Table of Contents
Featured Resume Example: Graphic Designer
Name: CAMILLE MILES
Address: City, State, Zip Code
Highly skilled, detail-oriented graphic designer with over eight years of experience working with clients in a variety of mediums, including print design and multimedia. Passionate about constructing and maintaining partnerships that result in creative wins that drive customer interest and profits.
- Manage client accounts worth up to $950,000.
- Oversee production on all aspects of graphic design work for 10 enterprise-level clients, including Zyntax and Flight Hybrid Auto.
- Supervise a team of six junior graphic designers in layout, logo design and product illustration work for the websites of 10 SMB-level clients.
- Created over 1,000 digital assets for an extensive variety of clients, including Warner Media, CTV Entertainment and Readathon Publishing.
- Assisted in managing the weekly deadlines and deliveries of a team of three associate graphic designers, completing final quality assurance checks on all work prior to development.
- Managed scope and client timelines for over 100 projects during tenure.
- Selected colors, images, font styles and layouts for website redesigns for over 40 SMB-level customers.
- Oversaw final design reviews, with focus on layout and color correction issues, for the shopping catalogs for 17 renowned local businesses, including Seagal’s Department Store.
- Worked with two senior-level graphic designers on finalizing layouts for sales presentations to over 50 potential customers.
- 2D and 3D modeling
- Image manipulation
- Passion for customer satisfaction
- Visual design
- Website graphics
- Adobe Creative Suite
- Branding strategies
Top 4 Characteristics of a Best-in-Class Graphic Designer Resume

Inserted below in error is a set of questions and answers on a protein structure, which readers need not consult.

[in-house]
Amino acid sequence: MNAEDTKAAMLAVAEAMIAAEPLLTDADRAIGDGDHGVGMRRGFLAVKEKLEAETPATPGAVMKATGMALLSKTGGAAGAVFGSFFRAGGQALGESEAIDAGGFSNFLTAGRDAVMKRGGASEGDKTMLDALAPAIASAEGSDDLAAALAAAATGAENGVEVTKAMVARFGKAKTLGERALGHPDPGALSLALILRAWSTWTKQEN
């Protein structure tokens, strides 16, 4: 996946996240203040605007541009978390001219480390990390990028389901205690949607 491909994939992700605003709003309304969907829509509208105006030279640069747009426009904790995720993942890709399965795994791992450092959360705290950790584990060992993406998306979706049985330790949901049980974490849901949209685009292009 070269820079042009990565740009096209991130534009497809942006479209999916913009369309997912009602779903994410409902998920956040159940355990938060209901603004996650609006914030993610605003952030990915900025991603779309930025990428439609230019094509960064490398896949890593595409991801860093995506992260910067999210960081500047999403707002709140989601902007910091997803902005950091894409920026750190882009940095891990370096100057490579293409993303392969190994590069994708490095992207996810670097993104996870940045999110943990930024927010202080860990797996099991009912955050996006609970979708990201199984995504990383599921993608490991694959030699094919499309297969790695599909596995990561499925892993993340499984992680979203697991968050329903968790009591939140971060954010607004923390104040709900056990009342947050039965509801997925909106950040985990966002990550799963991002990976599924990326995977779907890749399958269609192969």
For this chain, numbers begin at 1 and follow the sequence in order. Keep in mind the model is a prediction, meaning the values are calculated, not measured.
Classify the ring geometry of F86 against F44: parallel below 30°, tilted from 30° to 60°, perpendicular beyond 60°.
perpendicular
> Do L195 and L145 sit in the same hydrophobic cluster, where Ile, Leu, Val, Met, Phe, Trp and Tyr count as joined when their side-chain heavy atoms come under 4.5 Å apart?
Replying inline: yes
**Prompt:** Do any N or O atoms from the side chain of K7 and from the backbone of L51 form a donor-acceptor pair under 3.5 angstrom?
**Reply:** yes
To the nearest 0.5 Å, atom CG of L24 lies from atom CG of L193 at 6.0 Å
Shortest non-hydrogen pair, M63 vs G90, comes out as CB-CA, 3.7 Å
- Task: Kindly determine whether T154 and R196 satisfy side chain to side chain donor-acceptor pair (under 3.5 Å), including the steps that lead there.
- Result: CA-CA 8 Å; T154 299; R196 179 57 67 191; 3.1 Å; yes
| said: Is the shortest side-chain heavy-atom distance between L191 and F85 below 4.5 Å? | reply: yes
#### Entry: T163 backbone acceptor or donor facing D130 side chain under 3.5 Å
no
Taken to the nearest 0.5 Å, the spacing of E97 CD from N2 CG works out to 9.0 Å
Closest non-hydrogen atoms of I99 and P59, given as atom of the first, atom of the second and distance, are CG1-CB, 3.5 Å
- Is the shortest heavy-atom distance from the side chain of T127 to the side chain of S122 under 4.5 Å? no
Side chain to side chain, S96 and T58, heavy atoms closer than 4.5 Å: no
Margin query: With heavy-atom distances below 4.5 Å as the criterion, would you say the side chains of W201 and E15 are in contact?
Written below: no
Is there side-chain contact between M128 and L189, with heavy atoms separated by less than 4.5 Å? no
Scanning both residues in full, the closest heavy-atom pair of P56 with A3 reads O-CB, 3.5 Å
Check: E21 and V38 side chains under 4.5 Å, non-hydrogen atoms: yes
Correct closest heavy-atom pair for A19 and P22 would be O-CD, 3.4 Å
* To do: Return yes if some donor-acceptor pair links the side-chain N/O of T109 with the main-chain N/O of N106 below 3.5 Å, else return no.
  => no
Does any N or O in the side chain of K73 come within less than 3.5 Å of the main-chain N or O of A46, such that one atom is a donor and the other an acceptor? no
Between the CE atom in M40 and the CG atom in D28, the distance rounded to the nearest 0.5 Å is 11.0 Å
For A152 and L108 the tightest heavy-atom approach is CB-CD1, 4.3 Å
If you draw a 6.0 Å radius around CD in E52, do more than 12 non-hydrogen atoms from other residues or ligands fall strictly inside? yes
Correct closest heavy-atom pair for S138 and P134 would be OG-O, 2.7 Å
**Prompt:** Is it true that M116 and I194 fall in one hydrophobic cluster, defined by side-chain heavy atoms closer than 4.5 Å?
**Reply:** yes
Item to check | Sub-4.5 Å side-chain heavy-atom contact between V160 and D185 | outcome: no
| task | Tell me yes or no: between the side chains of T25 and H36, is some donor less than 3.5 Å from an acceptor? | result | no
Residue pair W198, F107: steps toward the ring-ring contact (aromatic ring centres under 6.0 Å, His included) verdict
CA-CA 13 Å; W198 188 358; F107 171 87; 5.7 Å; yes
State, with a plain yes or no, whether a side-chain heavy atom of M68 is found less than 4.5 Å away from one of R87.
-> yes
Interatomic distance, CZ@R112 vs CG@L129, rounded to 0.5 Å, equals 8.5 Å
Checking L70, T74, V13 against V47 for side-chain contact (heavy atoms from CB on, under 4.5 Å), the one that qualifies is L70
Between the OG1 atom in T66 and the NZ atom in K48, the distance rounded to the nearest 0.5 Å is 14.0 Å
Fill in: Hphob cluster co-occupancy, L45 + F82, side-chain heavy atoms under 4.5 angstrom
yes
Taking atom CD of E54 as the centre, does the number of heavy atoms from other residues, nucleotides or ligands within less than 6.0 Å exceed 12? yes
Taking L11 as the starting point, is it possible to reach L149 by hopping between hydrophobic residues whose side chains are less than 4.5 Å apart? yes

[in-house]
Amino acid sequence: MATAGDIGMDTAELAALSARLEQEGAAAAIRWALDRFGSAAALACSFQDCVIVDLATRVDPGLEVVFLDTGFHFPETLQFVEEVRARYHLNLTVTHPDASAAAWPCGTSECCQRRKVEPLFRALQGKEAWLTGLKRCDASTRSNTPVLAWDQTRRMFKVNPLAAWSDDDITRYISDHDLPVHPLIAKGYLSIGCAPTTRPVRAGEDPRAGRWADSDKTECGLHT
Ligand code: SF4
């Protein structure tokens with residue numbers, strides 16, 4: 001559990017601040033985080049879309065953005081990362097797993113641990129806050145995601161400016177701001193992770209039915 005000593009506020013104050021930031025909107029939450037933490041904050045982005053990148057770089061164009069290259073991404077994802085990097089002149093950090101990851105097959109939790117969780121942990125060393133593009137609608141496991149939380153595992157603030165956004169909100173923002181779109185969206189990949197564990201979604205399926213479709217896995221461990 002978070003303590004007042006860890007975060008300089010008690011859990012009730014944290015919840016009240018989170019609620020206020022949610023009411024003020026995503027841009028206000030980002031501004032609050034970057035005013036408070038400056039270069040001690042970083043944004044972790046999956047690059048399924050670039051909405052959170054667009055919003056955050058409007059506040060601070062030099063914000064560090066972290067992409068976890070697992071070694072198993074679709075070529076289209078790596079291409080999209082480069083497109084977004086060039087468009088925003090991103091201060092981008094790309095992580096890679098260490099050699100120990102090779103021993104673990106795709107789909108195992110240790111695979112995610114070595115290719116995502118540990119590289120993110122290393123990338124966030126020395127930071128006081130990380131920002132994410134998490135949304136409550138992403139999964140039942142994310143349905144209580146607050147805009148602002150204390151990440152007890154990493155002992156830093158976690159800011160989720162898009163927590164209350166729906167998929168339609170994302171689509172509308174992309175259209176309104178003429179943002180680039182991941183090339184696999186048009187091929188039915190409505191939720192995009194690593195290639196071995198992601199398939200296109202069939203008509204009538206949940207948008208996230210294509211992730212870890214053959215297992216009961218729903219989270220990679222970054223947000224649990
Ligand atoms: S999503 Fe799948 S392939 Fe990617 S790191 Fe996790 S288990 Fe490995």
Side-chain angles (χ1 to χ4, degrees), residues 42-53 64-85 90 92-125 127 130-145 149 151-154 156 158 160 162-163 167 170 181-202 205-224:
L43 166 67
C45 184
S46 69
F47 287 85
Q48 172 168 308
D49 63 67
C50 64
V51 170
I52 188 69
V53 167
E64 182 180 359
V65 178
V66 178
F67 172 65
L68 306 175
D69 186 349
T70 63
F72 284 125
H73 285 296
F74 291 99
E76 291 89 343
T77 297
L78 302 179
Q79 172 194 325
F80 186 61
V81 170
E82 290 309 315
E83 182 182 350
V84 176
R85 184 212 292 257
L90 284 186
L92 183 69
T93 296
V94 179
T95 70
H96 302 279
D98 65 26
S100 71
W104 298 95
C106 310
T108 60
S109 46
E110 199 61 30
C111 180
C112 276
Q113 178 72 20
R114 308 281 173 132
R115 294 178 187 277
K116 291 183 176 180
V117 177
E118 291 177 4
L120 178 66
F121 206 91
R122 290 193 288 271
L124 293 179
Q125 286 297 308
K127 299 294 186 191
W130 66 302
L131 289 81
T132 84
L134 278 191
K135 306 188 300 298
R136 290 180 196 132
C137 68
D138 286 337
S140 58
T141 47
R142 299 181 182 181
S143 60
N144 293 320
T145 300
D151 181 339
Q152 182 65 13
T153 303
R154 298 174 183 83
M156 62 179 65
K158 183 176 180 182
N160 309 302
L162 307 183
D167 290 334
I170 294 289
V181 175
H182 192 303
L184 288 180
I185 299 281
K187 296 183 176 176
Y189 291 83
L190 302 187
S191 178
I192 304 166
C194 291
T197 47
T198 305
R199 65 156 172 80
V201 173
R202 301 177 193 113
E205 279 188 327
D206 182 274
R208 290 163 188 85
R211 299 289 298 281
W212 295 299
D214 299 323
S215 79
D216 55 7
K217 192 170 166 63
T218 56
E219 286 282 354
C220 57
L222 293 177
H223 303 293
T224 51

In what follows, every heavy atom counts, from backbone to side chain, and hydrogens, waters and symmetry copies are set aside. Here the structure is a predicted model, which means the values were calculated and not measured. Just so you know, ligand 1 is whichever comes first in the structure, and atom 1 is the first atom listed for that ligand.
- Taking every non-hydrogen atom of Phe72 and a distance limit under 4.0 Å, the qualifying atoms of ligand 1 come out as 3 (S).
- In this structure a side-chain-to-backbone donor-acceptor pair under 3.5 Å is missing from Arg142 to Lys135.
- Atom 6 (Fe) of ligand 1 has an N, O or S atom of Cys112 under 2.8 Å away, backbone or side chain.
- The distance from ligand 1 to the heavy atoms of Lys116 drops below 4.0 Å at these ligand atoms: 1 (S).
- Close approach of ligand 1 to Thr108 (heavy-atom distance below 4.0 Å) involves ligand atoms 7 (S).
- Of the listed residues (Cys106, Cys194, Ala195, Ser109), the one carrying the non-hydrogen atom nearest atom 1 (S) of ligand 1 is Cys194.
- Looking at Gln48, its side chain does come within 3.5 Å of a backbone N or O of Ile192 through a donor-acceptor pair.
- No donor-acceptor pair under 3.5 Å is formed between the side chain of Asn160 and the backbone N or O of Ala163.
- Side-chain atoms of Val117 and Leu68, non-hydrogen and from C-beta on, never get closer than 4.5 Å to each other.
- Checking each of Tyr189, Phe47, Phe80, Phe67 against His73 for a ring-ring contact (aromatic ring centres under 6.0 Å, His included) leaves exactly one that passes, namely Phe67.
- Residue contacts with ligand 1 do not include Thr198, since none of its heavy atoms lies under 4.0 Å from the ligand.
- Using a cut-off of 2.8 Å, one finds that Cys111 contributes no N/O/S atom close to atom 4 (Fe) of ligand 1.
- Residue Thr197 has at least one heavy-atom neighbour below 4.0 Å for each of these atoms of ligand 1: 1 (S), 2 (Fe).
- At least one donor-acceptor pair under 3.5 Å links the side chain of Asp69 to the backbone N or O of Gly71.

- Summary In a few sentences, give a brief overview of your best work experiences and skills to date. Incorporate keywords that match the job description such as “design user experience for marketing and advertising” or “print production processes and procedures.” For example: “Skilled, detail-oriented graphic designer with experience in all aspects of print production as well as design user experience.”
- Skills While both technical and intangible skills should be highlighted, technical skills should be your primary focus. Mention your proficiency in applications such as Adobe Photoshop, Dreamweaver, Illustrator and MS PowerPoint. Also include any coding skills you have in areas such as JAVA, CSS, HTML and DHTML and soft skills such as “detail-oriented,” “problem-solving approach” and “team player.”
- Work history Instead of listing every single task you had at previous jobs, feature only relevant achievements that show you can handle the job you’re applying for. For example, for a graphic designer position at a magazine, emphasize successful projects for print media, and quantify your achievements. For example, write “Led a team of 13 graphic designers and managed 56 clients simultaneously” instead of using vague statements like “managed a team of designers.” The more specific you get the more recruiters will understand your capabilities.
- Education Feature your highest academic credentials — many jobs in this profession will require at least a bachelor’s degree in graphic design. Add any relevant certifications that further showcase your design expertise, such as web design certification, or Adobe Creative Suite certification.
See Why My Perfect Resume is a 5-Star Resume Builder
Find the Right Template for Your Resume